Equine law and criminal law seldom cross paths. When they do, it’s almost always because something terrible has happened.
Two weeks ago, driving on a stretch of road between two Amish communities in Western Kentucky, trucker Mark Bohms allegedly reached down to pick up a cigarette just as his big rig topped a hill. When Bohms looked up again, the truck was bearing down fast on a horse-drawn buggy. He tried to change lanes but could not, and the truck slammed into the buggy. Three-year-old Barbara Smoker was killed and three members of the toddler’s Amish family were injured. One of two horses pulling the buggy also was killed in the collision; the other was found apparently unharmed in a nearby field.
Bohms was charged with murder and several other offenses. At a July 18 preliminary hearing, Bohms’s attorney, Rick Boling, argued that the charge of murder was excessive because his client tried to avoid the collision and because he expected the state’s post-accident drug test to be negative. A Christian County district judge disagreed and sent the case to a grand jury that will decide whether Bohms should be indicted for murder.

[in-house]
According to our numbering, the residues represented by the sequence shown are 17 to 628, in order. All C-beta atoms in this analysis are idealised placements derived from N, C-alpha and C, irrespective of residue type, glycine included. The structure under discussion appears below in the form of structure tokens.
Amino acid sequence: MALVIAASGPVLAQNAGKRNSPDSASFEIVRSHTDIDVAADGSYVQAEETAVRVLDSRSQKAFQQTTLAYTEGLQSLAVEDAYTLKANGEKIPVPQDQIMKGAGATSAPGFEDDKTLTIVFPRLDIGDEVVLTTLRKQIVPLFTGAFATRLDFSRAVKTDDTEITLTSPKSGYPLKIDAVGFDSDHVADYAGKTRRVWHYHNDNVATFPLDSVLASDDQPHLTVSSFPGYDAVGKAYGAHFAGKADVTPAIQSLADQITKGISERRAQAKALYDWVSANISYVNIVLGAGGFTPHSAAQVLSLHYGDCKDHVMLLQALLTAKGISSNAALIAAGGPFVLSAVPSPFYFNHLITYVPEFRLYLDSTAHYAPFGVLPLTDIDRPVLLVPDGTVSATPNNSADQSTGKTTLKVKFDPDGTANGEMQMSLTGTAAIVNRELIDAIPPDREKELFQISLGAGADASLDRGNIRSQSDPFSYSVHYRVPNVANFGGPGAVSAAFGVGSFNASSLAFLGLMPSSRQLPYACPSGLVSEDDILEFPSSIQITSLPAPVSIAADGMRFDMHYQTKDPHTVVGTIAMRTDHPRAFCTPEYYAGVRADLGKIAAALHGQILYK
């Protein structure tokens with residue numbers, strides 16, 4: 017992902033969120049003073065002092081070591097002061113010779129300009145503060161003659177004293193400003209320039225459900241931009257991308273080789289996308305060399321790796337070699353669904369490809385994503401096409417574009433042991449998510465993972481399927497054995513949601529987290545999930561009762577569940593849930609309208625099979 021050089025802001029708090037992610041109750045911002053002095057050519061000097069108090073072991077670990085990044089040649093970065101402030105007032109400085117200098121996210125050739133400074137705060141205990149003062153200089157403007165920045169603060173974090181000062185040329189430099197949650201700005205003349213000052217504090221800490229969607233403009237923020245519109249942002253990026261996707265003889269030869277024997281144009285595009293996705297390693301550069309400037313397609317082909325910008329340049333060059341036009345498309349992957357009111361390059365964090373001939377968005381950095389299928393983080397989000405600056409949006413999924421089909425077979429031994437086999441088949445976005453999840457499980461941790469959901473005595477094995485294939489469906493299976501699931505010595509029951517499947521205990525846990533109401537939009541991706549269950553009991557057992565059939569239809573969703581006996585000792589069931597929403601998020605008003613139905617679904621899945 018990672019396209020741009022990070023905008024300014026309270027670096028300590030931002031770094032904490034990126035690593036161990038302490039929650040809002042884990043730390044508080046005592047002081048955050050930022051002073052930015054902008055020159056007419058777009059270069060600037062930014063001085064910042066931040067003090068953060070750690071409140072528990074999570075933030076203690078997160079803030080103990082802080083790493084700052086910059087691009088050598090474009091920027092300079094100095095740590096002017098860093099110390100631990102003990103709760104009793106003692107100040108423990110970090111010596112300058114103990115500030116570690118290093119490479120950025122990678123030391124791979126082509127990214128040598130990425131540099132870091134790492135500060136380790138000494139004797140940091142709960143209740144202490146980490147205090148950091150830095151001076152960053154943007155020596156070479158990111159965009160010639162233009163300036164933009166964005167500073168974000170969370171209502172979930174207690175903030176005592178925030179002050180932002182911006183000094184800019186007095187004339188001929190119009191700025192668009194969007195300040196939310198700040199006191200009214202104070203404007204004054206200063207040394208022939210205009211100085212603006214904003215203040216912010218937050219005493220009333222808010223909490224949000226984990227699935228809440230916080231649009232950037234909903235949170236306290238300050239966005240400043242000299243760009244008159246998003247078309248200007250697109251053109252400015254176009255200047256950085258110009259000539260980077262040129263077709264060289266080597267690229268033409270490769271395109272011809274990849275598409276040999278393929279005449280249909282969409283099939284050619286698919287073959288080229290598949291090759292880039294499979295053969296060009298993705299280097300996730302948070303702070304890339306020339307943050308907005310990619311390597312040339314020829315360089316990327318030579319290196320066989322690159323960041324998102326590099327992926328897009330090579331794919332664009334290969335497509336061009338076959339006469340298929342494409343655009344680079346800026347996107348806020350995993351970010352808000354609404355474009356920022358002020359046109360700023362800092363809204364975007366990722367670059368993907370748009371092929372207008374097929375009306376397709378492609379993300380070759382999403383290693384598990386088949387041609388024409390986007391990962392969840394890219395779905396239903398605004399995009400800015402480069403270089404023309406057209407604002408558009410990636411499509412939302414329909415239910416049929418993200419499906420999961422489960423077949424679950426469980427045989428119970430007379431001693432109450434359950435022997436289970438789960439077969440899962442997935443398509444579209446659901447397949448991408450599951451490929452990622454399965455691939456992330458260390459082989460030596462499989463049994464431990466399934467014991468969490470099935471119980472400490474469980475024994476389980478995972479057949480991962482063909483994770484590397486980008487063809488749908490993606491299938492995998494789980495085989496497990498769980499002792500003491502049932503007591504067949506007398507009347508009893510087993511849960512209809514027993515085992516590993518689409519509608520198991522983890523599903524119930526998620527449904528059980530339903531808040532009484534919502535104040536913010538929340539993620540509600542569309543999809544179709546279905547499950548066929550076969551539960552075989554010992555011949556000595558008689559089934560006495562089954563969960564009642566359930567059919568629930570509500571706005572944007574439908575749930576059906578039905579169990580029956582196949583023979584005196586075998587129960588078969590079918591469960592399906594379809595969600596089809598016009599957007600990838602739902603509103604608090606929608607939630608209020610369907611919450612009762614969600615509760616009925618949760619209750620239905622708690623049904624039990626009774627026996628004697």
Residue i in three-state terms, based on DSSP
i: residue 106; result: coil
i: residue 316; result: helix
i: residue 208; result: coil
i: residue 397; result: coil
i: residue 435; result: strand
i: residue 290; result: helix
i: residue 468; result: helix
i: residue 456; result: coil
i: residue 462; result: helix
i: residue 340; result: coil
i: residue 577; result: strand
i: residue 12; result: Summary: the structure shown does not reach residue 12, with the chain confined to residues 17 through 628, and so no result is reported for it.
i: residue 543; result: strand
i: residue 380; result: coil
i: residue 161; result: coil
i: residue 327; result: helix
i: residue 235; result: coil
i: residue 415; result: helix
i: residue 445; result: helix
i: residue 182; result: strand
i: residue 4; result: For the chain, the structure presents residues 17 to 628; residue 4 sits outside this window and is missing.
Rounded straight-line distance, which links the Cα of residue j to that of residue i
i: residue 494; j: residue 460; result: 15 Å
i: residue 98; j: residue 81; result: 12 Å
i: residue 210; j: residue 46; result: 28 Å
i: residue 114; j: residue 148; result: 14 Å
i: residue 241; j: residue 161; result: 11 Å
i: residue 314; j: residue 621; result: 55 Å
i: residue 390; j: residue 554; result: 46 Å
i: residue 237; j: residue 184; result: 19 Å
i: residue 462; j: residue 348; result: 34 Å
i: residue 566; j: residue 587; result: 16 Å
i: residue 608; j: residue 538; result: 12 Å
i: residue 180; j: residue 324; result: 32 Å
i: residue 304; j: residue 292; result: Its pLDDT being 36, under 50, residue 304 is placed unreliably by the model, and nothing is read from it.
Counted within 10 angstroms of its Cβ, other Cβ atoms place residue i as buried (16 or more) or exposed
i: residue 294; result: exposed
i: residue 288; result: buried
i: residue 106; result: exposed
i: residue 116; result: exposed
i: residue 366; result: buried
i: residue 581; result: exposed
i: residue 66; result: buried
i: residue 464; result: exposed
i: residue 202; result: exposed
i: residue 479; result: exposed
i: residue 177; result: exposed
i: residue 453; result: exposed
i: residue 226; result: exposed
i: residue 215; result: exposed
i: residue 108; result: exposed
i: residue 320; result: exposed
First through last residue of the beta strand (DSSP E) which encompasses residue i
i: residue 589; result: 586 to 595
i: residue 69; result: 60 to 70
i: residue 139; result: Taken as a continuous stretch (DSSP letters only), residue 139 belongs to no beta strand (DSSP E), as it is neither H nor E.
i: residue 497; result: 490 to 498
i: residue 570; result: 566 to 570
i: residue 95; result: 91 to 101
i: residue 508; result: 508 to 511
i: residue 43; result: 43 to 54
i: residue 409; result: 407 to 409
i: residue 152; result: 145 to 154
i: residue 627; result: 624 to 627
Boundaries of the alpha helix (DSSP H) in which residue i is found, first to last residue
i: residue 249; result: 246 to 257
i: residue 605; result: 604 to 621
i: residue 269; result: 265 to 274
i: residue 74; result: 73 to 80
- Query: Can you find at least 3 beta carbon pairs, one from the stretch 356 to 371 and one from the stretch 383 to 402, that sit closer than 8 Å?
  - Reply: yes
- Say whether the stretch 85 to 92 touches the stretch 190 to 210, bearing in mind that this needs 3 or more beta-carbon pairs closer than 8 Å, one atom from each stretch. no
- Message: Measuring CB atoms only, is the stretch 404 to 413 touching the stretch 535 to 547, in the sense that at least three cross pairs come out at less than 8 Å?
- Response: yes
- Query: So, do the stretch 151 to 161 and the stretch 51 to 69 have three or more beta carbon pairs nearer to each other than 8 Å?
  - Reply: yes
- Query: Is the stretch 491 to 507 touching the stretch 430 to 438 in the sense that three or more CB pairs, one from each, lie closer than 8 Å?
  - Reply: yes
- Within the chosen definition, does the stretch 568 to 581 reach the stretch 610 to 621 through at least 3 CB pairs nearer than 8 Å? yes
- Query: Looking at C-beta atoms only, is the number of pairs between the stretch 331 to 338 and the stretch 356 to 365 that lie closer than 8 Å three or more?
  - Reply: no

It’s a safe bet to predict that a horse-drawn buggy always will lose in a collision with an 18-wheeler, which leads to the question of whether buggies are a dangerous nuisance that should not be allowed on public highways at all. Bohms’s attorney, for example, reportedly called buggies “obstacles to traffic” after the preliminary hearing, and it’s a valid concern. Cars and trucks move fast; buggies do not. Ironically, the accident occurred a month after the Kentucky Court of Appeals rejected an argument from members of a strict Amish group that a state law requiring a brightly-colored safety emblem on horse-drawn buggies violated their religious beliefs. The court recognized the potential highway hazard posed by slow-moving buggies and ruled that the safety emblem requirement was constitutional.
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